Wall Street’s Bull Market Making Investors Smile
This month marks the 5th anniversary of the current Bull market on Wall Street, making it one of the longest and strongest in history. Yet US stock ownership is at a record low and less than half of Americans trust banks and financial services. In the last two weeks, the New York attorney general and the Commodities Futures and Trading Commissioner in Washington have both launched investigations into high frequency computerized stock trading that now controls more than half the market.
In best-selling author Michael Lewis’s new book Flash Boys, the argument is put that the stock market is now rigged to benefit the group of insiders who have made tens of millions of dollars exploiting computerized trading.
The Museum of American Finance
The New York Stock Exchange was recently visited by representatives from The Museum of American Finance, an affiliate of the Smithsonian Institution and the nation’s only independent museum dedicated to finance. Along with them, to ring the Opening Bell, were representatives from R.W. Pressprich, a NY Based institutional broker dealer, and the Boys’ Club of New York. For the second consecutive year, R.W. Pressprich has sponsored free student admission during the summer and financial education programs at the Museum for Boys’ Club of New York members.
From Tuesday through Friday from 10-4, students are invited to tour the Museum free of charge as a result of R.W. Pressprich’s efforts.
The waste management company, Wheelabrator Westchester, continues to find innovative ways to transform waste into safe, clean, renewable energy for nearby homes and businesses. Recently after nearly 30- years of service to Westchester County, the Wheelabrator Waste 2 Energy facility located in Peekshill, New York, announced a first of its kind renewable energy partnership, with White Plains Linen, the county’s largest commercial laundry operation. The new partnership enables Wheelabrator Westchester to provide White Plains Linen with clean, renewable steam to power its laundry facility. This steam power will decrease its use of natural gas and enable the business to reduce its carbon footprint by 90 percent.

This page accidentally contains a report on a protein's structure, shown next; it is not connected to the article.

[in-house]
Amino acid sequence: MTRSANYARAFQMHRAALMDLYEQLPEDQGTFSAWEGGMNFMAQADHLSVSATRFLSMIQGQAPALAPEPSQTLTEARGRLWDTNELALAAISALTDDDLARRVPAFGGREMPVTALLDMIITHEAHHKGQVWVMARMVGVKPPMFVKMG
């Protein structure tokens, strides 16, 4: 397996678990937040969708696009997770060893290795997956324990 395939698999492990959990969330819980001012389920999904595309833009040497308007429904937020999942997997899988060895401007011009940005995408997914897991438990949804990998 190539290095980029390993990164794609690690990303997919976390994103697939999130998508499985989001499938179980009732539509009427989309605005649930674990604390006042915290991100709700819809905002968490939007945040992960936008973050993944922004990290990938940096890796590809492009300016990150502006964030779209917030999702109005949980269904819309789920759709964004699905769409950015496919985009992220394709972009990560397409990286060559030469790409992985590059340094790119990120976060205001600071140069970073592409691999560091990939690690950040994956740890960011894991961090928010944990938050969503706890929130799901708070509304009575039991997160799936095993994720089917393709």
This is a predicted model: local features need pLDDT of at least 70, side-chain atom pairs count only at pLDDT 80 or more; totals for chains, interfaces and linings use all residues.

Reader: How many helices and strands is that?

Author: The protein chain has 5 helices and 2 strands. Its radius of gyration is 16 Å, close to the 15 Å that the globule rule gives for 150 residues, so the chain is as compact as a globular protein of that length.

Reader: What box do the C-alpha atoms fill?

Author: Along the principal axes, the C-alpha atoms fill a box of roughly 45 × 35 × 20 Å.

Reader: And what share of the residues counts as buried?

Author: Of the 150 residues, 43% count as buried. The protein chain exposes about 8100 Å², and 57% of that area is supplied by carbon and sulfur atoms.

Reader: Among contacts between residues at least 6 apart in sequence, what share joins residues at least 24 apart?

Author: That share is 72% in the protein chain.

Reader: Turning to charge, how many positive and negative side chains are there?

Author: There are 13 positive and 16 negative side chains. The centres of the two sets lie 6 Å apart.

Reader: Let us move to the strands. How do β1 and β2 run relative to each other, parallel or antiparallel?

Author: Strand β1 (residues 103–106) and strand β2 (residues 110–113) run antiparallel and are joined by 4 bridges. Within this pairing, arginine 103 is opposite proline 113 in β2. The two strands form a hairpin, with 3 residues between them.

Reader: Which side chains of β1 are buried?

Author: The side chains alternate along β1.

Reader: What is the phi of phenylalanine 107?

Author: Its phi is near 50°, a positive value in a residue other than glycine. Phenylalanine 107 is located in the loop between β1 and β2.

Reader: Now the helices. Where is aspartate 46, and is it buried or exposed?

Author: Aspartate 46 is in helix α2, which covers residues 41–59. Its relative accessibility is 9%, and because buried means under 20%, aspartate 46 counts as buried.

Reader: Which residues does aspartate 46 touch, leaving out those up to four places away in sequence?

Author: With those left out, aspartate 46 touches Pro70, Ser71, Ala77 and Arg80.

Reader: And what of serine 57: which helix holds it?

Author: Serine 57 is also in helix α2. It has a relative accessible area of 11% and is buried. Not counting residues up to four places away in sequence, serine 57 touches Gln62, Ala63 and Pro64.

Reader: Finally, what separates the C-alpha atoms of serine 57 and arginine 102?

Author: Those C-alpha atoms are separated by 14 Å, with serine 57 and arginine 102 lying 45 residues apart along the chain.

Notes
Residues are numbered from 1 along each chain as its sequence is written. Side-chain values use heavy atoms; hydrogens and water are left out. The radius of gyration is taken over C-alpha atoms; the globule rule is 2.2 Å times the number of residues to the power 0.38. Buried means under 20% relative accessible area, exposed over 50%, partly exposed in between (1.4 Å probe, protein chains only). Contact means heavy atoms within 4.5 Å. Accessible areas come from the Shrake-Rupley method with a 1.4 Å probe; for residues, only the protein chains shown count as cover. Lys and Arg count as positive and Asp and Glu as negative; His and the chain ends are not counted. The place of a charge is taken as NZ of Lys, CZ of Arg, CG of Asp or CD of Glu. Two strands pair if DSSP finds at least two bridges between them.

Stephanie Ruhle reports on Bloomberg the breaking news from the Third Point website of Dan Loeb who criticized the business model of the Sotheby’s. Loeb criticized the directors of Sotheby’s for being “short term investors” something Loeb himself has been accused of.
“We believe the Company’s slide is a consequence of failed leadership by a Board of Directors who collectively own a scant 0.87 % stake,” Loeb stated on his website, the Third Point.
Loeb’s long, seven-page letter is a response to a letter sent by Sotheby’s not just to Loeb but to also their shareholders. Sotheby’s letter stated that ‘Dan Loeb was unable to act constructively as a director, adding no relevant skills, experience or expertise.”
Loeb lobs it back, saying in his letter that Sotheby’s has made no sincere effort to cut costs, the money is going to the wrong place, the model they employ to attract listings so they don’t end up at Christies is all wrong. In addition, Loeb states,
“Sotheby’s current challenges are well-known consequences of poor corporate governance and malfunctioning board processes. Our view is that Sotheby’s sorely lacks innovation and creativity at its most senior levels and requires an infusion of leadership, accountability and transparency.”